Lawsuits allege migrant workers exploited

Three federal lawsuits allege that between 2013 and this year 39 workers from Mexico were paid substandard wages, lived in squalid housing, and some were threatened with jail or deportation if they complained.

News Story (Kentucky)

Deborah Yetter
Courier-Journal (KY)
May 29, 2015
Link to story

Tags: Benefits of Legal Aid, Employment, Legal Needs, Minorities: Racial/Ethnic, Workers Rights

Organizations mentioned/involved: Southern Migrant Legal Services (SMLS)


Though employers are supposed to provide adequate housing, the lawsuits describe dwellings infested with bedbugs, lice and rodents, a lack of mattresses or furniture and poor plumbing that left some workers bathing from a bucket and others using a portable toilet outside.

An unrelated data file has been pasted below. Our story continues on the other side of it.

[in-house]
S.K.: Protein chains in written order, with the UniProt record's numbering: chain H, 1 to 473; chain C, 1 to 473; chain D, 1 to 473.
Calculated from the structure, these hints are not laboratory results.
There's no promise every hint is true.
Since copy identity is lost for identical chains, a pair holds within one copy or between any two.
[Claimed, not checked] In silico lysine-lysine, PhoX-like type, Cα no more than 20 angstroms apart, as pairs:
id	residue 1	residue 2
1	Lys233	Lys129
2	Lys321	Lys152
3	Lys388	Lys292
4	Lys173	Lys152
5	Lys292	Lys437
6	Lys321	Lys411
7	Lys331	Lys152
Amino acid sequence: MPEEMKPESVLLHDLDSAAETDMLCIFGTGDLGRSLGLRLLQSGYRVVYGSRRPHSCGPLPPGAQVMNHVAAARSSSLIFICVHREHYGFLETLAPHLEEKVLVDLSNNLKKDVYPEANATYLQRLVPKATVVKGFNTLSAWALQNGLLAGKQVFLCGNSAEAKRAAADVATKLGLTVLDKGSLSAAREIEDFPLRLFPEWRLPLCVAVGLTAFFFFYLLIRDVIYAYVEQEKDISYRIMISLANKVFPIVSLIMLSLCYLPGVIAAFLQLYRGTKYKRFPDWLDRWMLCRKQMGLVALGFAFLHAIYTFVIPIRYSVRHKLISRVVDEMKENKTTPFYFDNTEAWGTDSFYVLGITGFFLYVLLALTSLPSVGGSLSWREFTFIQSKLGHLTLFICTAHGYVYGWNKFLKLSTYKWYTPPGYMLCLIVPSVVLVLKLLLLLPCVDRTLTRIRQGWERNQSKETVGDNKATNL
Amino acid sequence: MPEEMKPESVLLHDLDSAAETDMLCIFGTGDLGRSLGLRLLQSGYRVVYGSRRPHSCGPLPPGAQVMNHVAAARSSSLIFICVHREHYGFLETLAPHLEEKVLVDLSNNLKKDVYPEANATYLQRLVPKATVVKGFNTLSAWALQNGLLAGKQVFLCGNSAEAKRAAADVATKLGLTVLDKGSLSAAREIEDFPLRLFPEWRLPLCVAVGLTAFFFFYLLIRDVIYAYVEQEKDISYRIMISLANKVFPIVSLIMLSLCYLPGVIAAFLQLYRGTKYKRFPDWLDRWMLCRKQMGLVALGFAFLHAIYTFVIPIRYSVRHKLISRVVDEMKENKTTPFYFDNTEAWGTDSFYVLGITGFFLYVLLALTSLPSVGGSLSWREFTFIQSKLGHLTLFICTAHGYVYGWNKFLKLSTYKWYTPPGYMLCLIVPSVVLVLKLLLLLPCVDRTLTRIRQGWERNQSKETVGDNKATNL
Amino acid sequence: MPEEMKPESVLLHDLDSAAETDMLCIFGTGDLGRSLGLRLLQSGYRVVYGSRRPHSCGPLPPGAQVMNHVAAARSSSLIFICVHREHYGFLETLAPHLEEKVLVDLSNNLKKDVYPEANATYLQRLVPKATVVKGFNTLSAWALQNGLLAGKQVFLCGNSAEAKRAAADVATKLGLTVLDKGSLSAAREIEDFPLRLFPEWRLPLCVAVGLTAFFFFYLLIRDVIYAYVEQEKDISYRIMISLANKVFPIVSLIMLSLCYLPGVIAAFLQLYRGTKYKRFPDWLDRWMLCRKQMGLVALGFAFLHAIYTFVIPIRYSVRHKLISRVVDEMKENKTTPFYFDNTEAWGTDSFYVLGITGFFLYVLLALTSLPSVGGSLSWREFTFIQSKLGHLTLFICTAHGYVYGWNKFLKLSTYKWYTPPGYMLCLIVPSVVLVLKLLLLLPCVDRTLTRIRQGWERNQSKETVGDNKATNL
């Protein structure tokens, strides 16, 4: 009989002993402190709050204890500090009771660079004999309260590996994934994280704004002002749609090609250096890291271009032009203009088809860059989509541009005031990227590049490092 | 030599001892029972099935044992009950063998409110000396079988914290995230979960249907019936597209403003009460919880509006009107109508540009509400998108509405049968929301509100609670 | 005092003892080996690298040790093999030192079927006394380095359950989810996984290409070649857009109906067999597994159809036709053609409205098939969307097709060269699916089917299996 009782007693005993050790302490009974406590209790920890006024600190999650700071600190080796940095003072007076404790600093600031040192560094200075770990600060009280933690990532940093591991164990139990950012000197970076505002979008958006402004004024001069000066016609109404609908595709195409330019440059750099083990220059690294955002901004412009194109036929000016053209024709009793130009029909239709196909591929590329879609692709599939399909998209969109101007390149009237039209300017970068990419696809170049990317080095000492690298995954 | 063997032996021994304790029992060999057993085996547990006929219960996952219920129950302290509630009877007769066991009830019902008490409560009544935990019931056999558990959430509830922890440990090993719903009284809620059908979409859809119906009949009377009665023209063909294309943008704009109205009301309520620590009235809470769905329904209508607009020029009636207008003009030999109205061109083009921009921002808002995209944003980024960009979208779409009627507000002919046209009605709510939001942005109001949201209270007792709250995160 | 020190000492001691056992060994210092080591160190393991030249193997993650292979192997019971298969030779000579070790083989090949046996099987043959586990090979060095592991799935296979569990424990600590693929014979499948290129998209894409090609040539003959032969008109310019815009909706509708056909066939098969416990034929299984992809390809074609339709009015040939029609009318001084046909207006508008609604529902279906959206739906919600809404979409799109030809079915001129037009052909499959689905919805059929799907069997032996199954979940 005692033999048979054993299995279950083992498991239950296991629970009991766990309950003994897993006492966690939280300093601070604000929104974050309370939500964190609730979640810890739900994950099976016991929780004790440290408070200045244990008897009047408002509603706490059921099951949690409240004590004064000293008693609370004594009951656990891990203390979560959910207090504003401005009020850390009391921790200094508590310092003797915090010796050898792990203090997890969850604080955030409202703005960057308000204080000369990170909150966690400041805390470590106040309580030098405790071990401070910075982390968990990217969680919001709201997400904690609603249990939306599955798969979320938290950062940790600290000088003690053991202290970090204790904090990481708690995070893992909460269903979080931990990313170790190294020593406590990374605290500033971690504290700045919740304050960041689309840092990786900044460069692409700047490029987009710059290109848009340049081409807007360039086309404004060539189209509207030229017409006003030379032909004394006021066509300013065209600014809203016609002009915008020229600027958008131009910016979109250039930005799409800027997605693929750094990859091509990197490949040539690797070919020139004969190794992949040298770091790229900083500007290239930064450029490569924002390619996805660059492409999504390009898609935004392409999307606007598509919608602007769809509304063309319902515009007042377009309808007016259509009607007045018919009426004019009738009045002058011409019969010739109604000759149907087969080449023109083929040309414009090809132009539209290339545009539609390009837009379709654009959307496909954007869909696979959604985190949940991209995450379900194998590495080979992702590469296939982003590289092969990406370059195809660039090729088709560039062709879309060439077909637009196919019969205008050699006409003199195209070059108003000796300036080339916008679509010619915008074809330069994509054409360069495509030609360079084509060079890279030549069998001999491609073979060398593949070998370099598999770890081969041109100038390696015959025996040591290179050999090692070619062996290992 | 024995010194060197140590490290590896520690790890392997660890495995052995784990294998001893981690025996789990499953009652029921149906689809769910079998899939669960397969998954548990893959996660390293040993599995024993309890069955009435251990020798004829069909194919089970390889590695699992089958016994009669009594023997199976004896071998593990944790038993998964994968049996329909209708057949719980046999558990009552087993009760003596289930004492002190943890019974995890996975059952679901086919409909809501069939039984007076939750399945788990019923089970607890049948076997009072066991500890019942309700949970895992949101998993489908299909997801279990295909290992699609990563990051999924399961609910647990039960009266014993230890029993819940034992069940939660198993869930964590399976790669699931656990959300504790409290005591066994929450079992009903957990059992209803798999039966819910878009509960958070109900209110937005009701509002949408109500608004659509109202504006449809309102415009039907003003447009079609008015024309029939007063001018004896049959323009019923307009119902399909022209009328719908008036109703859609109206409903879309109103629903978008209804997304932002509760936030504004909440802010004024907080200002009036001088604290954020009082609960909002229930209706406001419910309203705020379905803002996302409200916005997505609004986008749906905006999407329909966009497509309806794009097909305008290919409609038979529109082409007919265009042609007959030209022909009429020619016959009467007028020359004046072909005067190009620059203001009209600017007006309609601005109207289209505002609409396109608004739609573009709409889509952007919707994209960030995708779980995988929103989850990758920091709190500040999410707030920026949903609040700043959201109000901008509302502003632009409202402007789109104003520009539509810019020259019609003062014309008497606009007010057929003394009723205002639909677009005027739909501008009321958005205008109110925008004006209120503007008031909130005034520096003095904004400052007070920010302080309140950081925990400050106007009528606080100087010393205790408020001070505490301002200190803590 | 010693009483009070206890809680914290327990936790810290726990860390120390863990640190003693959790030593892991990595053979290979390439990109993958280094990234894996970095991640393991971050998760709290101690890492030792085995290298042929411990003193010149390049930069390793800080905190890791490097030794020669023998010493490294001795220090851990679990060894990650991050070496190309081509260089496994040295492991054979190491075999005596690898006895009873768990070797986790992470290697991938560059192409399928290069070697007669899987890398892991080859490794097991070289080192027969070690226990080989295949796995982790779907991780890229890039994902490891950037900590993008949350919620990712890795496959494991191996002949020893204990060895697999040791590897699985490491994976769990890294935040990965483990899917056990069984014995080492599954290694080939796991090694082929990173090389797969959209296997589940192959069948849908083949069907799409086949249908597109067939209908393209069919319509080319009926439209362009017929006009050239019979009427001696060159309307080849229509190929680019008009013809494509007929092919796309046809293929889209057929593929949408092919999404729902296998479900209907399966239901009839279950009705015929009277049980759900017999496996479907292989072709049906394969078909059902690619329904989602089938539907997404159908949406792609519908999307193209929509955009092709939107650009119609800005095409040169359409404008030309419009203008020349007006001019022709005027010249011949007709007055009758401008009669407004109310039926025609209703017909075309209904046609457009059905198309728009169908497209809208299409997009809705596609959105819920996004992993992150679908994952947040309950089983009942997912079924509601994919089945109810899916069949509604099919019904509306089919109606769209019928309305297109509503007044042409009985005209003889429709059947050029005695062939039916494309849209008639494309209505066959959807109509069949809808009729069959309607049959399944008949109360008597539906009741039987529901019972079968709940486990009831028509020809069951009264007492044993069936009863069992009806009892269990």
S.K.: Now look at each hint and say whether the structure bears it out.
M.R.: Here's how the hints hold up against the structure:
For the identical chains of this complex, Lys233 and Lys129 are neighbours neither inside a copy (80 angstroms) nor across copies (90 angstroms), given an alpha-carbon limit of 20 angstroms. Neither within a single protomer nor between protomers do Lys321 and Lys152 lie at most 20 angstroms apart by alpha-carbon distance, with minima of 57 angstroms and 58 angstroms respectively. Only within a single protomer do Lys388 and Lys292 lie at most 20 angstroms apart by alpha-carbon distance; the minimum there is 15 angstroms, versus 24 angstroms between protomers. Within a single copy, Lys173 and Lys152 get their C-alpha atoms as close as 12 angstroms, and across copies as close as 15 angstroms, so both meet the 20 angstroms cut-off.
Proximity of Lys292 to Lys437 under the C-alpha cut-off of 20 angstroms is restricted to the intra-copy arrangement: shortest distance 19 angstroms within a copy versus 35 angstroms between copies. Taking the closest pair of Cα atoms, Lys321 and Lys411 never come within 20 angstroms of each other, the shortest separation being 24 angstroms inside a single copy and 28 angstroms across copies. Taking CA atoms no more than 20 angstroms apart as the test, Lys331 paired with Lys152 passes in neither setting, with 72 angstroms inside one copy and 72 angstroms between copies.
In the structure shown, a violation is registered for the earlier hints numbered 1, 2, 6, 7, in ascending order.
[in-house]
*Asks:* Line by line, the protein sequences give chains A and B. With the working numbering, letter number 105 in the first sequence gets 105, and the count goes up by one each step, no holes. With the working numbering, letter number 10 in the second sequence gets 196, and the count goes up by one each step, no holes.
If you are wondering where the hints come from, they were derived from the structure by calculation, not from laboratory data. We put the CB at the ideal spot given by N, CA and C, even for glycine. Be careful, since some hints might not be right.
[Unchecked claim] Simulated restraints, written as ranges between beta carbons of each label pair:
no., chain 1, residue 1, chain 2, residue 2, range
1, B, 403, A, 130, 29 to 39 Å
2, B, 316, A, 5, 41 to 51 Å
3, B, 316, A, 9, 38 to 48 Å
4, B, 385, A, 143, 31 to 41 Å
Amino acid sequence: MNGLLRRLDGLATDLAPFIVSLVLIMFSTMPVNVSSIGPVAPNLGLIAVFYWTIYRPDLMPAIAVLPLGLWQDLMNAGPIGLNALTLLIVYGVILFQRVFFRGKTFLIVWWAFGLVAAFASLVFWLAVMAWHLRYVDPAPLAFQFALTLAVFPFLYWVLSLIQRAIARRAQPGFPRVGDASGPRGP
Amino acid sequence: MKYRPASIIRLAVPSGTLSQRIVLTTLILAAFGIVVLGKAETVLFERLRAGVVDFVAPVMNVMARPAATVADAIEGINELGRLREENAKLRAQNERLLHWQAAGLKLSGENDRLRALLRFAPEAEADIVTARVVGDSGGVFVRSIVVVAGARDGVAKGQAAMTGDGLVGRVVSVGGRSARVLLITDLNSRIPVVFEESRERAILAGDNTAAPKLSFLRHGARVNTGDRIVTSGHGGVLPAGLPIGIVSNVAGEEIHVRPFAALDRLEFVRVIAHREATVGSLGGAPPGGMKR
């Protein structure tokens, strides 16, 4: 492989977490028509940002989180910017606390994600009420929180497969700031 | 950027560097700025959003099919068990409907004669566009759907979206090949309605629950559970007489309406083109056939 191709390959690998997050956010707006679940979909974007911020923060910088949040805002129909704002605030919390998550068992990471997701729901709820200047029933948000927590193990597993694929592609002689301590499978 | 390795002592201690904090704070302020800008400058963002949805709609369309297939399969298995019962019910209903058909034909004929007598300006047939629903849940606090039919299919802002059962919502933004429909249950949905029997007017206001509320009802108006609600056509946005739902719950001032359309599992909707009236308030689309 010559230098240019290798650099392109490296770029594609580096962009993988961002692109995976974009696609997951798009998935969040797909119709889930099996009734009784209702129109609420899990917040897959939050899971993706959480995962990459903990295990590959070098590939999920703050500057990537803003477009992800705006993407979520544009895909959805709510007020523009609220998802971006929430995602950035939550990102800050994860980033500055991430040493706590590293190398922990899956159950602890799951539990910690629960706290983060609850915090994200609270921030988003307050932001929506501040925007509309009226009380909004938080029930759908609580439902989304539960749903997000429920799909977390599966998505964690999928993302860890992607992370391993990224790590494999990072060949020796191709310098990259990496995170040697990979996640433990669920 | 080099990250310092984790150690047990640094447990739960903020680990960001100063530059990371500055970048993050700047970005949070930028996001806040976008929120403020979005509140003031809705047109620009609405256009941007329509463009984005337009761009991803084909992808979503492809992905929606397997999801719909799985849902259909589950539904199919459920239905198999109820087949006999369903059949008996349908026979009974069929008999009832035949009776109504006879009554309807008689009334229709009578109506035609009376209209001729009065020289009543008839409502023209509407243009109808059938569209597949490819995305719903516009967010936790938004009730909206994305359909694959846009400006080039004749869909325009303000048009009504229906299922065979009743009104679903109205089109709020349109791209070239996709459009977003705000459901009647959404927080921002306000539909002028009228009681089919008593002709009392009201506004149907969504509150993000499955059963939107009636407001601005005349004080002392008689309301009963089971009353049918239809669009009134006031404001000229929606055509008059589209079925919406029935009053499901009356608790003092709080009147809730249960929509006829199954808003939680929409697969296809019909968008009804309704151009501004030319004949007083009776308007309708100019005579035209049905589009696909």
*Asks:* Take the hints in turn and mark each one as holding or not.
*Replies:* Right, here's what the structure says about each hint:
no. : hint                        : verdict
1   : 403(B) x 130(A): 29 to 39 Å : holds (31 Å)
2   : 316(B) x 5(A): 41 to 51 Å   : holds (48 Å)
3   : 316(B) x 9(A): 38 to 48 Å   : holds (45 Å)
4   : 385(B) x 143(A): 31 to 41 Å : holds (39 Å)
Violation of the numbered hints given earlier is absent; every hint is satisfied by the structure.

The migrant workers borrowed money and traveled thousands of miles for jobs that didn’t meet minimum federal standards, the lawsuits allege. In some cases, employers illegally forced workers to pay costs for travel, visas, rent and utilities.

Calling such practices “forced labor” tantamount to human trafficking, the Nashville-based Southern Migrant Legal Services, a legal aid group, filed three lawsuits Thursday against five Kentucky tobacco farms in Scott, Monroe and Nicholas counties, alleging such practices violate federal law governing the program for guest farm workers known as H-2A.